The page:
Notebook: Late drama favors Jacks


A diving effort by Dirk Kool provided the difference in the Jacks close win.

Dirk Kool was in the right place at the right time.

The senior linebacker was responsible for breaking up a two-point conversion that was the difference between a 1-0 or 0-1 start for the Jacks.

“That was a scary one. I’m still shaking from it,” Kool said in the post-game press conference, clearly still fired up on adreneline from the game.

The Jackrabbit defense, which turned in three solid quarters, wore down in the fourth quarter after an interception and fumble late in the game from the SDSU offense.

Southern Utah quarterback Brad Sorensen took advantage of the Jacks’ miscues and marched his team down the field to bring the Thunderbirds within one point with two seconds on the clock.

“We’re here on the road, I thought we had all the momentum and I think a one play shot for three yards gave us the chance to win. I felt like we would come out of there, win or lose, glad we went for two,” SUU head coach Ed Lamb said.

It all came down to one play-one that Lamb is familiar with.

Lamb’s previous experience in the ‘two point conversion for the win’ department came in a 2009 game against Cal Poly. SUU found themselves down by one point after a late touchdown and initially lined up to go for the two point conversion and the win, but during a Cal Poly timeout, Lamb changed his mind and decided to go for the tie and overtime.

The point after was wide, and SUU lost the game.

“It’s not two points or overtime, it’s two points or one point, and that’s a lesson I learned,” Lamb said.

Kool led all Jacks defenders with 10 tackles, but the two-point conversion he denied is the biggest play SDSU has faced in their young season.

“I can be honest, I don’t even know if I touched the ball. Those games are scary, but a win’s a win,” Kool said.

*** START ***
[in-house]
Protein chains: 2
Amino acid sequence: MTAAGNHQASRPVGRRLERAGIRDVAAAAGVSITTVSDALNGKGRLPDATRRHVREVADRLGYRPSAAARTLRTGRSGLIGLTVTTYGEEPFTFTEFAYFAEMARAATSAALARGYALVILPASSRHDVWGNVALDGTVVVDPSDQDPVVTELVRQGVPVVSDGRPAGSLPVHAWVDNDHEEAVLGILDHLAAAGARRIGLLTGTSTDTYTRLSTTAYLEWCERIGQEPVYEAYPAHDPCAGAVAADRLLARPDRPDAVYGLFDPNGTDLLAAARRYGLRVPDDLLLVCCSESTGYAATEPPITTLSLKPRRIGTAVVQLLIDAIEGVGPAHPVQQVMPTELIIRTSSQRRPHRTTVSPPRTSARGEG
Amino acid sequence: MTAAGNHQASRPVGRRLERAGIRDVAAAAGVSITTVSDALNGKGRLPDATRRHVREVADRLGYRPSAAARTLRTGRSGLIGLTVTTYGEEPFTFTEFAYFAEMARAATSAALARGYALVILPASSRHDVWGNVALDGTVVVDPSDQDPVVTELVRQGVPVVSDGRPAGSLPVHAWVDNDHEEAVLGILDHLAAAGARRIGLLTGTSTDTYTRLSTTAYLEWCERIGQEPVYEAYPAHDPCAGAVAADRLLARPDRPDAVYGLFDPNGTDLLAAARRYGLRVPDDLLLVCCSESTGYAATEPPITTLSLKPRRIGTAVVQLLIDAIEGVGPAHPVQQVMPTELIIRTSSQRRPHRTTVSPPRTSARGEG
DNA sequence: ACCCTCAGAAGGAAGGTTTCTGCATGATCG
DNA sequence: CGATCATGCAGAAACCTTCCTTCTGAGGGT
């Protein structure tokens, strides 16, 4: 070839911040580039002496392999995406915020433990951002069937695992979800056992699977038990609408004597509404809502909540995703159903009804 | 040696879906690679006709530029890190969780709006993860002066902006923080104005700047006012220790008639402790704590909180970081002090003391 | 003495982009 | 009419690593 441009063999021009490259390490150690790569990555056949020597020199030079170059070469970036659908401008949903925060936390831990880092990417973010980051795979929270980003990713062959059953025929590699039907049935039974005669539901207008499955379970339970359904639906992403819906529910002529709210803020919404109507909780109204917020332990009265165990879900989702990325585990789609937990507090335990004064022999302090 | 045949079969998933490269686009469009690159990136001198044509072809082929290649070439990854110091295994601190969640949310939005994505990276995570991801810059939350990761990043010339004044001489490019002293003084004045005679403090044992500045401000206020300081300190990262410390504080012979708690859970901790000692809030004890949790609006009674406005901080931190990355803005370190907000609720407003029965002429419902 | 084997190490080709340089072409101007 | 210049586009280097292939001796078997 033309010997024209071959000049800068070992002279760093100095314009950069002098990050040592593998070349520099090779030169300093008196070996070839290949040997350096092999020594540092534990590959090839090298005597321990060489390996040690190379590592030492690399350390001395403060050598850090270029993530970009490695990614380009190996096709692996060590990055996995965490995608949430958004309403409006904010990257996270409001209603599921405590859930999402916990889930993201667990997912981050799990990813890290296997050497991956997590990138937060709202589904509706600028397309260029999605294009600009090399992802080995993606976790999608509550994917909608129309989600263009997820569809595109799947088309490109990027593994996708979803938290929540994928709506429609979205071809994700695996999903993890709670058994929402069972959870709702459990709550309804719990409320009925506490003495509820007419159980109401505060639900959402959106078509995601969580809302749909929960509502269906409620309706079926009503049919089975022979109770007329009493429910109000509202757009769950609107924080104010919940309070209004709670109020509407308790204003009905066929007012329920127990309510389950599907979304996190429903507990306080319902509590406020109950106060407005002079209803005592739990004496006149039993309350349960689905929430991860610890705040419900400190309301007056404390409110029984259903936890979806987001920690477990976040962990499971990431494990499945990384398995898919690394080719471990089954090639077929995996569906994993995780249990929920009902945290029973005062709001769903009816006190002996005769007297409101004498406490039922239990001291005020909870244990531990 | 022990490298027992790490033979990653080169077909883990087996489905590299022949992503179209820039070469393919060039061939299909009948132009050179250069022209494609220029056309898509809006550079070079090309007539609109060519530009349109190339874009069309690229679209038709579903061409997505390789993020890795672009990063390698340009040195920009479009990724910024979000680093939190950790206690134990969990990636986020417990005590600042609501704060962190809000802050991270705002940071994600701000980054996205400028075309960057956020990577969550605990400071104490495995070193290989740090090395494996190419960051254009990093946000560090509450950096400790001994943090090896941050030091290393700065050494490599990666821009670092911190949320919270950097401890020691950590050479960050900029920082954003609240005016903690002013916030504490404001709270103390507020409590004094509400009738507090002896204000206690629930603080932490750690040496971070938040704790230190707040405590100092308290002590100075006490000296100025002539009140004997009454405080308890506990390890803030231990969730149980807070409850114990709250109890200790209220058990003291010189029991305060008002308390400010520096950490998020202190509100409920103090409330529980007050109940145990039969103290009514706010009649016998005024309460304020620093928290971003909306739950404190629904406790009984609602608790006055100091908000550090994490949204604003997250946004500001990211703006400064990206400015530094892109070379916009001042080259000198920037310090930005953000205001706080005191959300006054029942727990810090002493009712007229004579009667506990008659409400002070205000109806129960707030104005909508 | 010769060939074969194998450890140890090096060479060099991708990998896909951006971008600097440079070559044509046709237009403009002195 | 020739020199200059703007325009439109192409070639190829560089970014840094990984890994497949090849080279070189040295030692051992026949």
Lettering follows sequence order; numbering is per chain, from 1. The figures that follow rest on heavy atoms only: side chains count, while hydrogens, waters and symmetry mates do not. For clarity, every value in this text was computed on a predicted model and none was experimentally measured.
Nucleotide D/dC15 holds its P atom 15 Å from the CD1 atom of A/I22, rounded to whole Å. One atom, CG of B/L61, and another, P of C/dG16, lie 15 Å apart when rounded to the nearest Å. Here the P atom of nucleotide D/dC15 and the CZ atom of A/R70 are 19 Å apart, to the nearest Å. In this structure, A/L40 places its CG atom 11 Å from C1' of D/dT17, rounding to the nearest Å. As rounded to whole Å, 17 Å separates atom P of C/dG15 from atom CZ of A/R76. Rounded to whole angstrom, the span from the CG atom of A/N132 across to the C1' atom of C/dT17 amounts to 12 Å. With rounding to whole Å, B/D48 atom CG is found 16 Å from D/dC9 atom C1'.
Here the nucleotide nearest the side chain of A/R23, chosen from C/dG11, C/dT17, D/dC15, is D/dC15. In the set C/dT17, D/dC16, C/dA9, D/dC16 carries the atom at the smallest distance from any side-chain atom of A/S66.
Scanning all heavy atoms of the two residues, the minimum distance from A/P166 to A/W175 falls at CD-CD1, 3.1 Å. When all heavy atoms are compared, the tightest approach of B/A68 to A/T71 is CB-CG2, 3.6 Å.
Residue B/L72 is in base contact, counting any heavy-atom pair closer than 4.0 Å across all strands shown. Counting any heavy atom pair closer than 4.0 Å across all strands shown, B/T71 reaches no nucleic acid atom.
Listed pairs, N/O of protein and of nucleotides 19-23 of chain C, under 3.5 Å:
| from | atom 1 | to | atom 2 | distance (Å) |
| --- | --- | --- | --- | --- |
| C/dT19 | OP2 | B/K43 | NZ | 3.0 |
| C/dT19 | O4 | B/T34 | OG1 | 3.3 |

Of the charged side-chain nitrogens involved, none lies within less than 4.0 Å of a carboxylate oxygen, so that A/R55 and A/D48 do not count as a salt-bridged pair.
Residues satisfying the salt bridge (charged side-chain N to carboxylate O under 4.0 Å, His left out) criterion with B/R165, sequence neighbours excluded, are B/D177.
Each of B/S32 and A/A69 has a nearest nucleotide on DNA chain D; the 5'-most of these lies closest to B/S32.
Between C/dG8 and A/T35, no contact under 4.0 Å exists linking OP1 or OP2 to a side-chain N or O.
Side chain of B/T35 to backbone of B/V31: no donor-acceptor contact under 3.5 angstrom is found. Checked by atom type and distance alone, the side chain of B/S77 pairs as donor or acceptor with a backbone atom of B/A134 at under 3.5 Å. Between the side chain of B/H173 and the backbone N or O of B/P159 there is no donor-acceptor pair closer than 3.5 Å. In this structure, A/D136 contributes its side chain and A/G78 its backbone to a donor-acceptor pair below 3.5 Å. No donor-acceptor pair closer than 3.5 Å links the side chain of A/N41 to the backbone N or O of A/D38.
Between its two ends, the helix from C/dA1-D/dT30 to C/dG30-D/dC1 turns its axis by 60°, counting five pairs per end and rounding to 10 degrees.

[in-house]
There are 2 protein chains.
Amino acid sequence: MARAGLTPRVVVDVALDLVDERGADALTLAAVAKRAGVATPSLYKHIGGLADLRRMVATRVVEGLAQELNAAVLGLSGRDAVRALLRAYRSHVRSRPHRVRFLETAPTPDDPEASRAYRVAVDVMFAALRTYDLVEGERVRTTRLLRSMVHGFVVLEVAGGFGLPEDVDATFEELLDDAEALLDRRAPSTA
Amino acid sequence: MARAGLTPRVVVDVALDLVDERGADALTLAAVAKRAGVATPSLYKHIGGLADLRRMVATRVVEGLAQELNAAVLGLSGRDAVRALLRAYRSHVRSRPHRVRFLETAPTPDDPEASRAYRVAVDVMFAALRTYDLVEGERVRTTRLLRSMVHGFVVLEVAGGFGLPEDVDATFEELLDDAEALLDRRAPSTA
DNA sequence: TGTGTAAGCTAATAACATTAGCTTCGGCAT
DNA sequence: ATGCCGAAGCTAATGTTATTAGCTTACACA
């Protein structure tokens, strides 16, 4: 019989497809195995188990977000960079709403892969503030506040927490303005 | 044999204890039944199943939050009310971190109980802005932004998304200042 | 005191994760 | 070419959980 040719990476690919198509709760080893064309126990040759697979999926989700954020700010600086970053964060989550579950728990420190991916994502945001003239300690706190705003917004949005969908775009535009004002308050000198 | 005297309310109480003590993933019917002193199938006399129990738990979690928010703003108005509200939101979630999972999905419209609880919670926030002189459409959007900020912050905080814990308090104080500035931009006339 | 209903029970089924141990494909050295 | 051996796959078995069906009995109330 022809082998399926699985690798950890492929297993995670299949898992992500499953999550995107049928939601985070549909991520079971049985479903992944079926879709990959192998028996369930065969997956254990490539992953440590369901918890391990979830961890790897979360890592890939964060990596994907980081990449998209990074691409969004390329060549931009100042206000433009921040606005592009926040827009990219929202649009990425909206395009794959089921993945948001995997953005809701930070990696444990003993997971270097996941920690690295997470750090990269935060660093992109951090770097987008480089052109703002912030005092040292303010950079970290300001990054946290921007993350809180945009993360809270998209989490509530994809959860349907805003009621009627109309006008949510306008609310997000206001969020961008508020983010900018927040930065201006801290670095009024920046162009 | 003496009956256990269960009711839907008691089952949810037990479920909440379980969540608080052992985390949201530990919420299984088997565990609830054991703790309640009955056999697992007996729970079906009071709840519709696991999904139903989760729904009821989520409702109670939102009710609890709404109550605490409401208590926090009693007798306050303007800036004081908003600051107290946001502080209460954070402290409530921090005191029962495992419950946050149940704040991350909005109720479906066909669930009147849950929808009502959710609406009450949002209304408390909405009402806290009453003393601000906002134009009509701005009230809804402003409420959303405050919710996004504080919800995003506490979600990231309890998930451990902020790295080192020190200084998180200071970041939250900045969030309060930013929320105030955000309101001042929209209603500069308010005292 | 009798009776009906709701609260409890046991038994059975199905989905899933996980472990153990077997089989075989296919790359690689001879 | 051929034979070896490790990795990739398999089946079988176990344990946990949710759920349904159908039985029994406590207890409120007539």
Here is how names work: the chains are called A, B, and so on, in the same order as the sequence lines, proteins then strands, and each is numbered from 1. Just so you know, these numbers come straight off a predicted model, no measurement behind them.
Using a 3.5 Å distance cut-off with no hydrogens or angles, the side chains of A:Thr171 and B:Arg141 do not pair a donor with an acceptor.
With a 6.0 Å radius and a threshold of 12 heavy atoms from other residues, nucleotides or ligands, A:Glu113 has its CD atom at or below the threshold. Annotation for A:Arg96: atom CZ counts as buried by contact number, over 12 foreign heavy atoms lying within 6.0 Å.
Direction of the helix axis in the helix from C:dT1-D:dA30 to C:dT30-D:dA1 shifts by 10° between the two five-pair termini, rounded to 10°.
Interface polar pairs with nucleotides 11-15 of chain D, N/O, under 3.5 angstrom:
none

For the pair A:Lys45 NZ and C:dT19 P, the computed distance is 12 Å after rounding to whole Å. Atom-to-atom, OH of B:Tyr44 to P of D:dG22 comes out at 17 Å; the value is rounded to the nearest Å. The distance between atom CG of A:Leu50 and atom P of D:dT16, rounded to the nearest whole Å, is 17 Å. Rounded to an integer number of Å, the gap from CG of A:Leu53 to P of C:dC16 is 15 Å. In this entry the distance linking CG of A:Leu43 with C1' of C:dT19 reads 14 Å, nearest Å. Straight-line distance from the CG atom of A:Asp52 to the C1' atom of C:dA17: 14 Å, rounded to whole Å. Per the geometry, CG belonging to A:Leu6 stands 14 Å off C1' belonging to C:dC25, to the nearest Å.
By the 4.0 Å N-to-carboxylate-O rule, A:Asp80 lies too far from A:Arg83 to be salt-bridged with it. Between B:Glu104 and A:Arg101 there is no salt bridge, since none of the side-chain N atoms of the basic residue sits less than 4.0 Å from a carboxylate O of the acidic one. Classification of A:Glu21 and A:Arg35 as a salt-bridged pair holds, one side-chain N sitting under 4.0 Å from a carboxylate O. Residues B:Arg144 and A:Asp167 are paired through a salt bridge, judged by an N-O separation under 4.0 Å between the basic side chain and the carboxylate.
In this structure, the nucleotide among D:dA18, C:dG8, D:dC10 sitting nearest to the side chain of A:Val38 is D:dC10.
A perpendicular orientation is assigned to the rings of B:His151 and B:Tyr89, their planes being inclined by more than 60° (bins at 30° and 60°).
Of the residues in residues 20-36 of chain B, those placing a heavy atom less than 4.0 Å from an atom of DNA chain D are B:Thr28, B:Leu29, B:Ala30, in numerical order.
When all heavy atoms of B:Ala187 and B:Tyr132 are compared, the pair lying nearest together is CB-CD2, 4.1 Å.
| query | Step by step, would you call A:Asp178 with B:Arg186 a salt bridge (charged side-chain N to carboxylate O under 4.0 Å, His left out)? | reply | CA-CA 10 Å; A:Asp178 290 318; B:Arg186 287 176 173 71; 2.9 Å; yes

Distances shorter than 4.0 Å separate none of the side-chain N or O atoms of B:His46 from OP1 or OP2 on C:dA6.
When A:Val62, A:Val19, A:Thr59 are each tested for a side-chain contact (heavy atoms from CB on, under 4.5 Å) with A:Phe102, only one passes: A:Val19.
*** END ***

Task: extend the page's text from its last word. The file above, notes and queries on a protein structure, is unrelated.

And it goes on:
Easy moving

Last season, junior Tyrel Kool moved from his natural position of running back to help fill a void at wide receiver.

Turns out he wasn’t just a fill in. Kool led the Jacks with 64 receptions and 808 receiving yards in 2010.

This season, Kool returned to the backfield to help fill the void left by Kyle Minett, who rushed for 12 touchdowns and over 1,200 yards in 2010.

Other than a late fumble, Kool looks like he will fit in the Jackrabbit backfield nicely. He carried the ball 28 times for 119 yards while also channeling his inner-receiver and catching six passes for a team-high 79 yards and a touchdown.

“It didn’t feel any different. I’m just in more spots on the field now,” Kool said of the switch. “It’s easy to make plays when you’ve got 10 guys blocking for you every play.”

Head coach John Stiegelmeier pointed out after the game that Kool has a team-first mentality, which is why he was moved to receiver last season. Stiegelmeier also said Kool would have been used the same way no matter what position he played last season.

“Tyrel Kool is a special student-athlete,” Stiegelmeier said. “Guys that work hard and give up for the team will always have success.”

Daughters injured

Junior tight end Seth Daughters appears to be out for some time after suffering an injury late in the third quarter against Southern Utah.

Stiegelmeier said after the game that Daughters’ injury was “tough,” and he appears to be out for some time.

“We’ll be fine … I just hope that Seth is able to play some this year,” Stiegelmeier said.

Looking at the depth chart, the Jacks have a few options to choose from while trying to replace their starting tight end.

Senior Kyle Sheehan and sophomore Vince Benedetto will be the top candidates for the tight end job. Stiegelmeier also mentioned senior Brad Iverson could possibly see some time as well.